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Old Jan 24th 2018, 09:58 AM   #1
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Sound Level

Hi guys, I'm back....

So I had this problem:

Jane and Sam alternately pound a railroad spike into a tie with their hammers. The crew chief has a migraine, and notes that Jane's hammer blows cause a sound with intensity 5.0 times greater than the sound that Sam makes when he swings his hammer. What is the difference in sound level between the two sounds?

I'm already having a lot of trouble with getting my head around sound level problems, and my physics book doesn't give any answer for this problem and I can't find anything online about it so I'm not even sure how to approach it. I'm assuming the equation L=(10dB)logI/e-12 is used but I'm pretty stuck. Any help would be greatly appreciated!
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Old Jan 24th 2018, 10:38 PM   #2
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Sound intensity is Logarithmic

That means if you have a music amplifier outputting 1W and you want one twice as loud , you need to trade it for 10W amp.... 100W will be 3 times louder than 1 W ...

A 10,000 W amp will be 5 times louder than 1W ...

So if the chief perceives janes hammer blow as 5 times louder it's 10,000 times different .

Possible , since sam is only "swinging" his hammer , jane is hitting something .
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Old Jan 25th 2018, 10:14 AM   #3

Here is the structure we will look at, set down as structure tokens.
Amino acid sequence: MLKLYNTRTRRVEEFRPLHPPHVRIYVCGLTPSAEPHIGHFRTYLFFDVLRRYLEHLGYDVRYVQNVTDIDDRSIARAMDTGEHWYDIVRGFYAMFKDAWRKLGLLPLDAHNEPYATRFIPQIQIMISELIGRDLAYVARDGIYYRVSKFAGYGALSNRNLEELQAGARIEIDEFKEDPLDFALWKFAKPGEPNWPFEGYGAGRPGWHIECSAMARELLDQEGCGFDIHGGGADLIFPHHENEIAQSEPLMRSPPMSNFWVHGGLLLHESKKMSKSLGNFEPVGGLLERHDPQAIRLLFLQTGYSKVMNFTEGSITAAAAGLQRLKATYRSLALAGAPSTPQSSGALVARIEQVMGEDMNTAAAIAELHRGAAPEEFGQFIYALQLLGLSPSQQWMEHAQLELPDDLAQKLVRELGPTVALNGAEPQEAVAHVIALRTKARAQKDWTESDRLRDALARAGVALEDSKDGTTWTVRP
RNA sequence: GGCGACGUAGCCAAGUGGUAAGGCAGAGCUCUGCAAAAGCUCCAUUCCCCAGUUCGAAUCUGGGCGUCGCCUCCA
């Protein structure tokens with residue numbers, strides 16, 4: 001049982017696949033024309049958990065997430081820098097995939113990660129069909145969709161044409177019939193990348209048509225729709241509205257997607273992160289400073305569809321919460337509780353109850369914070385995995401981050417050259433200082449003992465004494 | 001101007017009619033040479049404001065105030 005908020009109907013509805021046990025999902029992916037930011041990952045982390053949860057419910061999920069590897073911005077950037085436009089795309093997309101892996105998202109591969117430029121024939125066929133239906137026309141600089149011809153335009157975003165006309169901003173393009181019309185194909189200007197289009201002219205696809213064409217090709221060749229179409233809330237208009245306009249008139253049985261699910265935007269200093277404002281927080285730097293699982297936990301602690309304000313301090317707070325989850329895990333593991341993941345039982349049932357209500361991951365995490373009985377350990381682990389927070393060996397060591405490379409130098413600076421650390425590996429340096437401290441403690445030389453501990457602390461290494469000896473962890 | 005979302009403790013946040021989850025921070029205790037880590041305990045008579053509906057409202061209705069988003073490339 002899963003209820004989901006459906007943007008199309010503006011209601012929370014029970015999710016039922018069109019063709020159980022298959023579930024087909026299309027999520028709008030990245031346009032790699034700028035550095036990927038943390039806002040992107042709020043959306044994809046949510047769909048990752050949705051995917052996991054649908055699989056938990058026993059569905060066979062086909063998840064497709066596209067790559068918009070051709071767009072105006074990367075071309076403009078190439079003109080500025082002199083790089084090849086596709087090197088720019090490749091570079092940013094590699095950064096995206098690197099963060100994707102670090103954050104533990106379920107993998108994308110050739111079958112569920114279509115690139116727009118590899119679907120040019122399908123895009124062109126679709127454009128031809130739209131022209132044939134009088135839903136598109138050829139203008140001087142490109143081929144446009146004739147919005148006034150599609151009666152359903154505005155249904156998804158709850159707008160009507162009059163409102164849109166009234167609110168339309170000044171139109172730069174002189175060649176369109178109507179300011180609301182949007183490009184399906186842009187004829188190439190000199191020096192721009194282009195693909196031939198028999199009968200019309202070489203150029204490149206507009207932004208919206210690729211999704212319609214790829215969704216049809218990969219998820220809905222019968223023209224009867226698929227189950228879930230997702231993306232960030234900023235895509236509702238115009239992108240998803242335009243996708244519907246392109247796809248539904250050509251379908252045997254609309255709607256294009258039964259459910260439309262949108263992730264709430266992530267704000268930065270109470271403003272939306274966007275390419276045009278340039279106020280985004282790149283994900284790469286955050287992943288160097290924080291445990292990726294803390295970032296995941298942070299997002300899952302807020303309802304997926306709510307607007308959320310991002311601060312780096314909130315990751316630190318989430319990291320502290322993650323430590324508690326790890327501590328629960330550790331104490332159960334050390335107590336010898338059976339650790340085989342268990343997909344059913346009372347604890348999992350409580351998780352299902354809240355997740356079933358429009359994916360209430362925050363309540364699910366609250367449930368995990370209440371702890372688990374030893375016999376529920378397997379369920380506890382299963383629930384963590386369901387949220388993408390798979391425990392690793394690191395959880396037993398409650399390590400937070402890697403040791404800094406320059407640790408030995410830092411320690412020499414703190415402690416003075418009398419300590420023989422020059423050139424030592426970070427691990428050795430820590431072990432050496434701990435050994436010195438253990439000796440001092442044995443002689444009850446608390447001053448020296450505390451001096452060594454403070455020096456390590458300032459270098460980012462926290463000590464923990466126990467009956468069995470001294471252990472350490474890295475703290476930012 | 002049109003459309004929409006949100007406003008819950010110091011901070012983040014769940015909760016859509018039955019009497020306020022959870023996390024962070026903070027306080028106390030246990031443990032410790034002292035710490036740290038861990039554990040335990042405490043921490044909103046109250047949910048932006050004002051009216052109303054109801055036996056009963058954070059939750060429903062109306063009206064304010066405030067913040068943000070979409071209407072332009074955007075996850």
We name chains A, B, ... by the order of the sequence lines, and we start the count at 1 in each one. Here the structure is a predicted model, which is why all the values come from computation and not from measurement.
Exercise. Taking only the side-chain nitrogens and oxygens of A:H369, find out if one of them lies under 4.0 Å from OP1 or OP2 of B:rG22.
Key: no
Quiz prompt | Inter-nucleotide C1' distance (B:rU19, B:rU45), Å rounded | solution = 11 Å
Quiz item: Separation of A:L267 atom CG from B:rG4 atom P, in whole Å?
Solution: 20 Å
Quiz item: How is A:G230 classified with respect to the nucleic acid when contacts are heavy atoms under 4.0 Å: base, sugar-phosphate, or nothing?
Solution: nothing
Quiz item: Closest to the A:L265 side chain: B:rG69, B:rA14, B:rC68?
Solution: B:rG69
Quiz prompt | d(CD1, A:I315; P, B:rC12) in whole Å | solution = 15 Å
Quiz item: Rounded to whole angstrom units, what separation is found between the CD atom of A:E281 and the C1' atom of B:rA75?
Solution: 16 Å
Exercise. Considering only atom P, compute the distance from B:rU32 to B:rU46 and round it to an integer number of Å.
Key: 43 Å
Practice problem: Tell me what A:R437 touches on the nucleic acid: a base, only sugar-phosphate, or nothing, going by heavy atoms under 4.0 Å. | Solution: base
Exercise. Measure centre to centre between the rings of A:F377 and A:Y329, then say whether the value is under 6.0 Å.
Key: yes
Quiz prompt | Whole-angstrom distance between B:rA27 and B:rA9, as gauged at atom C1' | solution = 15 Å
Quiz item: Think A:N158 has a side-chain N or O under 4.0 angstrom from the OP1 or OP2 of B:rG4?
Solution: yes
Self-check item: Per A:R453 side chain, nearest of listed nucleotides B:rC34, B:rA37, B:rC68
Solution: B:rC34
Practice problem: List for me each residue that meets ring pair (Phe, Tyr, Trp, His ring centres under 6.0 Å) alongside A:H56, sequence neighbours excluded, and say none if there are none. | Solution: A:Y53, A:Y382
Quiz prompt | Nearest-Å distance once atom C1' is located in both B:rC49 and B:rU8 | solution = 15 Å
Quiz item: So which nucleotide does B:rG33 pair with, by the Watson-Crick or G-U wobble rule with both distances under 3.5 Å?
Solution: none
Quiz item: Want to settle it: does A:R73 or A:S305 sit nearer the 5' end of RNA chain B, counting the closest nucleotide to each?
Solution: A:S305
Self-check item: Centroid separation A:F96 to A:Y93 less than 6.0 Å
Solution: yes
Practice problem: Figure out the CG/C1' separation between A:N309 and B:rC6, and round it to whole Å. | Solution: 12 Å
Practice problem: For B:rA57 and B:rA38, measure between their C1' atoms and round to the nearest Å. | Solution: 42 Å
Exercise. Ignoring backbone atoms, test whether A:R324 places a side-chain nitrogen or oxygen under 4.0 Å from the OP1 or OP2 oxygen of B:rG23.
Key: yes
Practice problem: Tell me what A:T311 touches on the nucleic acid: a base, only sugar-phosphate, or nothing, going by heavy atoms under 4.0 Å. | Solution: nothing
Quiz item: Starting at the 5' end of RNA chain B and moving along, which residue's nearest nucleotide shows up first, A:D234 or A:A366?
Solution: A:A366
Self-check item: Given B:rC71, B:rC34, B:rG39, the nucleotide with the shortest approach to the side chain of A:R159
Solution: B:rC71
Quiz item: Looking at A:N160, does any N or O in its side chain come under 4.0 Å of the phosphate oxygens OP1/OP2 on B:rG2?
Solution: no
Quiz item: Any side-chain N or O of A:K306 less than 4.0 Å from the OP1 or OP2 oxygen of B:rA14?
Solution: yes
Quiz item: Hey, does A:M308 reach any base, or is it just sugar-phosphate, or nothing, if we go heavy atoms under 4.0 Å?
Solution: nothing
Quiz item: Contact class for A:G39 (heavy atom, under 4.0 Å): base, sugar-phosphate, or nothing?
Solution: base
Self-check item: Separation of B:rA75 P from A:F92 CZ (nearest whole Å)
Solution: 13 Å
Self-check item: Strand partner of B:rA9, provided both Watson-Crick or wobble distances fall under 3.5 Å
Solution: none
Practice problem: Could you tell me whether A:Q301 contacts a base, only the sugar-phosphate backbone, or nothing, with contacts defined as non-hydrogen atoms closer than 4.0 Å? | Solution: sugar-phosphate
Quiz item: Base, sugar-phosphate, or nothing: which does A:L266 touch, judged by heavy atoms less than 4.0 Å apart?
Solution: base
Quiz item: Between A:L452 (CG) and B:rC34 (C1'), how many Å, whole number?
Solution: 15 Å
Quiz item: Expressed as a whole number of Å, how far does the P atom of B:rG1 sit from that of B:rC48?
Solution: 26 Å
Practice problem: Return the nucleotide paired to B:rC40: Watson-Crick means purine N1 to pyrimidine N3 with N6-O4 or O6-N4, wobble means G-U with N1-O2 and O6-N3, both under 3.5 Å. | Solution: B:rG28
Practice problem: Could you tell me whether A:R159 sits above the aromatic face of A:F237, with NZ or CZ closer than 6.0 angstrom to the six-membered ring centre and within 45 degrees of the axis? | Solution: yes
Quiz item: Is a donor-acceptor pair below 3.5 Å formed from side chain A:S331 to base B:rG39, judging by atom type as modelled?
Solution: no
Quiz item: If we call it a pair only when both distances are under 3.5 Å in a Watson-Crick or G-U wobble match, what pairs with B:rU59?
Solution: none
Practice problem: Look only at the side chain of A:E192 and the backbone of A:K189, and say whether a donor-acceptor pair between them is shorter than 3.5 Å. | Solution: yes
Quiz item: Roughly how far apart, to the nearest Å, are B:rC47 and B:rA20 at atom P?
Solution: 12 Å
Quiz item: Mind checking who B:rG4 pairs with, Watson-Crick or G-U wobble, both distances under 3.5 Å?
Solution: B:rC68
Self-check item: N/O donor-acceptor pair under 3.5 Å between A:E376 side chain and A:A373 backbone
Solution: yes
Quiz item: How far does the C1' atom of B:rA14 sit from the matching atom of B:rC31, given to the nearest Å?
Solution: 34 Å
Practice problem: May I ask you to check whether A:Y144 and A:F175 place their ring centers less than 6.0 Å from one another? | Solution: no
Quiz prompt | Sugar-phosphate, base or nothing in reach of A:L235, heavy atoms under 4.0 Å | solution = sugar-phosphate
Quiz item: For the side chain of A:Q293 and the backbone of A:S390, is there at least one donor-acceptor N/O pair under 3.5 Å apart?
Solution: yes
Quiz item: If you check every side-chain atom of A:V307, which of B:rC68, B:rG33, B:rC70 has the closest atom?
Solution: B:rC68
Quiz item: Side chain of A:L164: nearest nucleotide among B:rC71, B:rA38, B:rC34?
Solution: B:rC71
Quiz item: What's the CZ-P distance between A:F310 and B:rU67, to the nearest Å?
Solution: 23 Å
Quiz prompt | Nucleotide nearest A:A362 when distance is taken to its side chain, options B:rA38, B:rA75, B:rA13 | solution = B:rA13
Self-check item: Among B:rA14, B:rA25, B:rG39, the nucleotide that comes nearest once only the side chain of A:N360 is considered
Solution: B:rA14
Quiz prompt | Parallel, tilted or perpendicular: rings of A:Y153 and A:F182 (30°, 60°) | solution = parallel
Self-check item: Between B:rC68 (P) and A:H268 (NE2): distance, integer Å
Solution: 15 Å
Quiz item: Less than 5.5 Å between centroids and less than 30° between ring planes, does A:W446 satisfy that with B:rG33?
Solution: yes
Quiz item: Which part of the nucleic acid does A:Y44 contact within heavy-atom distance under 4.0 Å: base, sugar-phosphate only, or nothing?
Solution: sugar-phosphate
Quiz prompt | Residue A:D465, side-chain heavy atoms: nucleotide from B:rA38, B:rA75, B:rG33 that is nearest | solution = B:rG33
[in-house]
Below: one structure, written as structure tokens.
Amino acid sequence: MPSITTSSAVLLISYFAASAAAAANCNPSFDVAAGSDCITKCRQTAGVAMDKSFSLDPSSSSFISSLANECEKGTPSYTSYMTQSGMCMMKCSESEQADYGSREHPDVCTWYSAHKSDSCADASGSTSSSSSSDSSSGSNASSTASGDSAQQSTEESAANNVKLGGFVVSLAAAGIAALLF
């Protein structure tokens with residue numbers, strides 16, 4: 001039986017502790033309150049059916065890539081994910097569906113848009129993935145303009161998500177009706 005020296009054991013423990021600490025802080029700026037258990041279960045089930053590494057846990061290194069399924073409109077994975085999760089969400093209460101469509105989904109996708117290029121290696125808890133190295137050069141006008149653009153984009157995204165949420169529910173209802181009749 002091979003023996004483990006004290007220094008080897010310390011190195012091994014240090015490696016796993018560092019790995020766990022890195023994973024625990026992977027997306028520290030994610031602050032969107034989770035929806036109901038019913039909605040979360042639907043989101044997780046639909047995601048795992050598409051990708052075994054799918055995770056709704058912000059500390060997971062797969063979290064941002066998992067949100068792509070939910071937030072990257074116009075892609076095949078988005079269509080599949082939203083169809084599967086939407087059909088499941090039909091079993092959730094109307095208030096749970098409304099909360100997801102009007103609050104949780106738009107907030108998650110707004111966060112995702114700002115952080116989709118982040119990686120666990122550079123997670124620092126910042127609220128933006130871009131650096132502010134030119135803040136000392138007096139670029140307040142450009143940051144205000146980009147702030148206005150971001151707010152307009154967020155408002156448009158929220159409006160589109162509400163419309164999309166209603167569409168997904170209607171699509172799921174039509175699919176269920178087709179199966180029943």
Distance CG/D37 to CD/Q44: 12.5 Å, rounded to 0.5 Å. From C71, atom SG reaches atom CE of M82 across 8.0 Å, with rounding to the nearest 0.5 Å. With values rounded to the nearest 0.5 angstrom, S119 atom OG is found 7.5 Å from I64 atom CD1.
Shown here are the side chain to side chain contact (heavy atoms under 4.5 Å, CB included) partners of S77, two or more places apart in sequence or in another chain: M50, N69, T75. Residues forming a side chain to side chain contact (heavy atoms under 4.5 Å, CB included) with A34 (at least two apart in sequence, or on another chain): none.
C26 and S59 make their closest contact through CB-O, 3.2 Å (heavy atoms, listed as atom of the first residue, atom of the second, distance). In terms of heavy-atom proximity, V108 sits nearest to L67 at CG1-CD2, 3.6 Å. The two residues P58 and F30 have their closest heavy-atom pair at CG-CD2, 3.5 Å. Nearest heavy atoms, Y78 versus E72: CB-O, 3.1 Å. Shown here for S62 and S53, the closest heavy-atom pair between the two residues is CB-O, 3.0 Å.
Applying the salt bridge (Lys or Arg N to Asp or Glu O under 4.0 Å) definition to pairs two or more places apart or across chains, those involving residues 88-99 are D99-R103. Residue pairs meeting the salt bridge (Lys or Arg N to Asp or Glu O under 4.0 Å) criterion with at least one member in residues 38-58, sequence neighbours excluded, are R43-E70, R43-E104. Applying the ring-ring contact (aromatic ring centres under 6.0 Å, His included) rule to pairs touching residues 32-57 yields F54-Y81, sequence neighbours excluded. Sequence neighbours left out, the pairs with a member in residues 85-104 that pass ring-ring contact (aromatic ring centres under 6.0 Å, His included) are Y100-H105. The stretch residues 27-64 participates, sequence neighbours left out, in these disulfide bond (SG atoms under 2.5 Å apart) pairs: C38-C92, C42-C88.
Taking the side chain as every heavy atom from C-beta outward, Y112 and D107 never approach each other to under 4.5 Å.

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Oz's answer is perfect. However, to get the actual change in power, you need to be able to estimate the power of the hammer sound for either Jane or Sam and then work out the power of the other sound accordingly.

Here's a link to a set of typical decibel levels for a range of different actions:

http://www.stac-uk.com/downloads/Noise%20Levels.pdf

For "Hammer on nail", the result is 120 dB. Can you calculate the equivalent power of that sound wave? If that sound is generated by Sam, then what would be the power of the sound wave generated by Jane?
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Old Jan 29th 2018, 05:52 AM   #4
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Originally Posted by benit13 View Post
Oz's answer is perfect. However, to get the actual change in power, you need to be able to estimate the power of the hammer sound for either Jane or Sam and then work out the power of the other sound accordingly.

Here's a link to a set of typical decibel levels for a range of different actions:

http://www.stac-uk.com/downloads/Noise%20Levels.pdf

For "Hammer on nail", the result is 120 dB. Can you calculate the equivalent power of that sound wave? If that sound is generated by Sam, then what would be the power of the sound wave generated by Jane?
Thank you!

I got:
120=10log(P/5e-17)
log10(P/5e-17)=12
P/5e-17=10^12
P= 5e-5

So by my calculation Sam's power would be 5e-5 W and Jane's would be 5e-5(10000)= 5e-1W. Is that correct?
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Old Jan 29th 2018, 05:55 AM   #5
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Originally Posted by oz93666 View Post
Sound intensity is Logarithmic

That means if you have a music amplifier outputting 1W and you want one twice as loud , you need to trade it for 10W amp.... 100W will be 3 times louder than 1 W ...

A 10,000 W amp will be 5 times louder than 1W ...

So if the chief perceives janes hammer blow as 5 times louder it's 10,000 times different .

Possible , since sam is only "swinging" his hammer , jane is hitting something .
Thank you!! This makes a lot more sense now
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